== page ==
Several studies, mainly based on polysomnography, conducted among elderly participants have shown that sleep efficiency and total sleep time are decreasing with age. Quality and quantity of sleep is affected by ageing. As a consequence, elderly individuals often show excessive daytime sleepiness.
The literature provides a very thorough list of possible cause of decreased quality and quantity of sleep with age, most common causes though seem to be related to chronic diseases such as joint diseases and chronic pains but also cardiac and pulmonary diseases. Concerning the latter, patients with pulmonary and cardiovascular diseases may suffer from sleep apnea (you can test this by answering the “Epworth Sleepiness Scale”, available on the internet). Your questions provides to few details to answer this, and maybe you should check with your family doctor. Also, some medications have been linked to sleep disturbances such as beta-blockers and diuretics (which are often prescribed in the case of heart problems).
However, sleep disturbances may also affect elderly individuals who are in good health. In the last decades, several hypotheses have been suggested to explain the alteration in circadian rhythm in the elderly. For example, one of the organ involved in circadian rhythm synchronisation, the suprachiasmatic nucleus, shows a decline in its function with age. Also, age is associated with a decrease in melatonin, a hormone essential in the regulation of circadian rhythm.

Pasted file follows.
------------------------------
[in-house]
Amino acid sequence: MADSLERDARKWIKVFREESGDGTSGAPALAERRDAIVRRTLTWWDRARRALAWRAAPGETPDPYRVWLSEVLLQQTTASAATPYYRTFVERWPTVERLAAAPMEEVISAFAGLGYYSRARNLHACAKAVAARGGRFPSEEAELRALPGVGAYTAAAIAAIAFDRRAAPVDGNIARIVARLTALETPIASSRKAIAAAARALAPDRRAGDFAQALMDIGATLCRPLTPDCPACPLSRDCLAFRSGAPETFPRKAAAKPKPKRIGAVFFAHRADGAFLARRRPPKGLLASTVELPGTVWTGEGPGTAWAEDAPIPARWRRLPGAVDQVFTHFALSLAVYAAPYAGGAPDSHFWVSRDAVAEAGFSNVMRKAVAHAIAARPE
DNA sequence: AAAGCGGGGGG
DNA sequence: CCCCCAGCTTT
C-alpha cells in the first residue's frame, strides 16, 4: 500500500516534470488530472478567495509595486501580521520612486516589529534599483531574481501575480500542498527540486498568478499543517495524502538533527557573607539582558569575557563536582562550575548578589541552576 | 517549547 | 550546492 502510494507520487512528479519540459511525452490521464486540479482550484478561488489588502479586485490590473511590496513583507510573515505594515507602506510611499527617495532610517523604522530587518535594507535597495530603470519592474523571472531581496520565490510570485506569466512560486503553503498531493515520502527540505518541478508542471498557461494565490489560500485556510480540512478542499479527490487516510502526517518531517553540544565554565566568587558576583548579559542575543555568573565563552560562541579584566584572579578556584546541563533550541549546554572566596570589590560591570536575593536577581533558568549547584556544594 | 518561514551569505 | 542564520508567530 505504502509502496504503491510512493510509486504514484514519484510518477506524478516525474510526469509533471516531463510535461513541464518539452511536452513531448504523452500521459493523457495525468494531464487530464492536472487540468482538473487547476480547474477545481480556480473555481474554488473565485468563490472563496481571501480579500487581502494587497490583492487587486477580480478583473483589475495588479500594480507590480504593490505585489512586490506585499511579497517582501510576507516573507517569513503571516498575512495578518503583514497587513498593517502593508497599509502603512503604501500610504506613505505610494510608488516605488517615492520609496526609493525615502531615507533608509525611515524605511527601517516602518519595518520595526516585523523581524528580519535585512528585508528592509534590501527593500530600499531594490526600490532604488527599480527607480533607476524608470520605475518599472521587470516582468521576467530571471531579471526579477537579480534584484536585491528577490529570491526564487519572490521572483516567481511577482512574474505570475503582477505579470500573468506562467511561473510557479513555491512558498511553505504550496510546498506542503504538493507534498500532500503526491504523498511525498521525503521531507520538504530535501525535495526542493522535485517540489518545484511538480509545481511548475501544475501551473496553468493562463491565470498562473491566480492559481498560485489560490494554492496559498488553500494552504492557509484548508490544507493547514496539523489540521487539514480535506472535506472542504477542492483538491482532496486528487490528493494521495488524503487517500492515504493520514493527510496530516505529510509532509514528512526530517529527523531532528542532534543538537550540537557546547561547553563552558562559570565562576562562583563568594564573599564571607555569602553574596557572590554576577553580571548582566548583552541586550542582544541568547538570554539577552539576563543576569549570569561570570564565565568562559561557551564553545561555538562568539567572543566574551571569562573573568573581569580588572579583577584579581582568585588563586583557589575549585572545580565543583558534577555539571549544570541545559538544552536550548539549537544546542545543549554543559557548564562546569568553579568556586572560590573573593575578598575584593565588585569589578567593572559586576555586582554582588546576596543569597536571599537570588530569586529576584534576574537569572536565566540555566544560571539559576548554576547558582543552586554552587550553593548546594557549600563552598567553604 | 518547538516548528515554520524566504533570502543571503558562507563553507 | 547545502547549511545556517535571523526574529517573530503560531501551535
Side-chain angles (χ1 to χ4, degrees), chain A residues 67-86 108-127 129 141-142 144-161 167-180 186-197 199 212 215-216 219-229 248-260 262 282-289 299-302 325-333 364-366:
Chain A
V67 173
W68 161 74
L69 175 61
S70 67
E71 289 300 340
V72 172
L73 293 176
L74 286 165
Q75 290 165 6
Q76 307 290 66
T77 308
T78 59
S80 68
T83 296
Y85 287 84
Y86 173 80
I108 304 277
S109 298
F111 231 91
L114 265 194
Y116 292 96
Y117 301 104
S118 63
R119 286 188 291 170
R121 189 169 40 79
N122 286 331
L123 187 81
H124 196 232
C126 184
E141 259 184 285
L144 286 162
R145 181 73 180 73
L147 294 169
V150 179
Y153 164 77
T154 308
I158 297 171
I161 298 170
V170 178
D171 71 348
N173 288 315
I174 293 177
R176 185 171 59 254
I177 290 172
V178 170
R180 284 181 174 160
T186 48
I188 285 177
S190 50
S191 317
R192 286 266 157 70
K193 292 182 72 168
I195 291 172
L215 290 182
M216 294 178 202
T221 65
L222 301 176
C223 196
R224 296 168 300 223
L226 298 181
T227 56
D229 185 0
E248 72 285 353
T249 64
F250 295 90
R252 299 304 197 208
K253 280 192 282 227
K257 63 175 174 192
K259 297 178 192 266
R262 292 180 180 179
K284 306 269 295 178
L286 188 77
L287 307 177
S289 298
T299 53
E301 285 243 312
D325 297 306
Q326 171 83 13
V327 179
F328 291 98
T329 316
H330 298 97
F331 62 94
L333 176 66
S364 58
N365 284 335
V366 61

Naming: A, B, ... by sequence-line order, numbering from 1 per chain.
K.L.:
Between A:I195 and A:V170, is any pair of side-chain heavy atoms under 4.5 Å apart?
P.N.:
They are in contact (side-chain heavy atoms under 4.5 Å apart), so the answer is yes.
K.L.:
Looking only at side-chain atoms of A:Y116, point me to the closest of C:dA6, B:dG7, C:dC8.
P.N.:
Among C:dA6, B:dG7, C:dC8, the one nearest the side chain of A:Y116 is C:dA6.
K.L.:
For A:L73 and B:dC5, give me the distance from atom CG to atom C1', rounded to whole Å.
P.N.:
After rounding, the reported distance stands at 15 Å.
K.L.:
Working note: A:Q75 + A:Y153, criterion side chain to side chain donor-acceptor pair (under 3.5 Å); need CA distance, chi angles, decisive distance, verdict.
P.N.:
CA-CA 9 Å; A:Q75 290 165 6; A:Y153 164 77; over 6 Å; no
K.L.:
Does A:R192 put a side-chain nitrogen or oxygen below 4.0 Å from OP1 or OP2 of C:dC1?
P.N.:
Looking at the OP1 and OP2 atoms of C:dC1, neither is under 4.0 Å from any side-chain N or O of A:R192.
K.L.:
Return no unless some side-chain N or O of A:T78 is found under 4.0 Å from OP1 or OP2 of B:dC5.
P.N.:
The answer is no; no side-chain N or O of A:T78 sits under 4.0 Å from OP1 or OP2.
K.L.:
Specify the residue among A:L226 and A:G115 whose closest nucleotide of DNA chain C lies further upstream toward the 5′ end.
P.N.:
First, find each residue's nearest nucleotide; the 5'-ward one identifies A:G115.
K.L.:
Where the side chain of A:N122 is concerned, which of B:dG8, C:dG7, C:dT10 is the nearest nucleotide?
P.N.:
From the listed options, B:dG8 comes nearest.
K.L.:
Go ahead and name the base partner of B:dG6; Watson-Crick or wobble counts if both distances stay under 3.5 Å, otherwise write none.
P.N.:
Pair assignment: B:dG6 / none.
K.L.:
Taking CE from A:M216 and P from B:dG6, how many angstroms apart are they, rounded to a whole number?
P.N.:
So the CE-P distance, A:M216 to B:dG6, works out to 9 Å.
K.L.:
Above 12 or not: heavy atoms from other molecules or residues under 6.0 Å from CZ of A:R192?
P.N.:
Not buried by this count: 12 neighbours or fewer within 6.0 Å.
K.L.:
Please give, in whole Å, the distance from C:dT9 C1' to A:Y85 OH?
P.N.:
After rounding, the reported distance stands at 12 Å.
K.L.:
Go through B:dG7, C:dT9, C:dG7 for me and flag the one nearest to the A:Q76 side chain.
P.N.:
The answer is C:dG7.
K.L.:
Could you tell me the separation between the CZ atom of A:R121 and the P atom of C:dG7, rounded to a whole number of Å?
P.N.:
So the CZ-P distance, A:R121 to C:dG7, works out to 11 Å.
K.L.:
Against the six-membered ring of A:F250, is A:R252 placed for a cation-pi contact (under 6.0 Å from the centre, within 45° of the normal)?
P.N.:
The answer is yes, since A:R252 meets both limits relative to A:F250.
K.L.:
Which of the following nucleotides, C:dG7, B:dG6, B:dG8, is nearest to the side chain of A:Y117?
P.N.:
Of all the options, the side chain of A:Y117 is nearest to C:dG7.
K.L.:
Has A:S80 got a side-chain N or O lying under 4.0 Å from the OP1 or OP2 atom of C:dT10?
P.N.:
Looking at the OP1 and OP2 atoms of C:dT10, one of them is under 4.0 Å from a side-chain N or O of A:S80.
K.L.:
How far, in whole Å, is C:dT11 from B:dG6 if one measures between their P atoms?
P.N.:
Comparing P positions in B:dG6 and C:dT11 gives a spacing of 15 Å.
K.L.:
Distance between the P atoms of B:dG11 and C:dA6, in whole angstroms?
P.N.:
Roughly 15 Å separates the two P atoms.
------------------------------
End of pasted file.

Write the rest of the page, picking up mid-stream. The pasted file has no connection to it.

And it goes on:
As you can see there are many reasons for day sleepiness in the elderly. If your daytime sleepiness impacts on your daily life (and on your social activities), you may wish to consider seeing your family doctor.
Sources:Cooke JR, Ancoli-Israel S. Normal and Abnormal Sleep in the Elderly. Handbook of clinical neurology / edited by PJ Vinken and GW Bruyn. 2011;98:653-665. doi:10.1016/B978-0-444-52006-7.00041-1.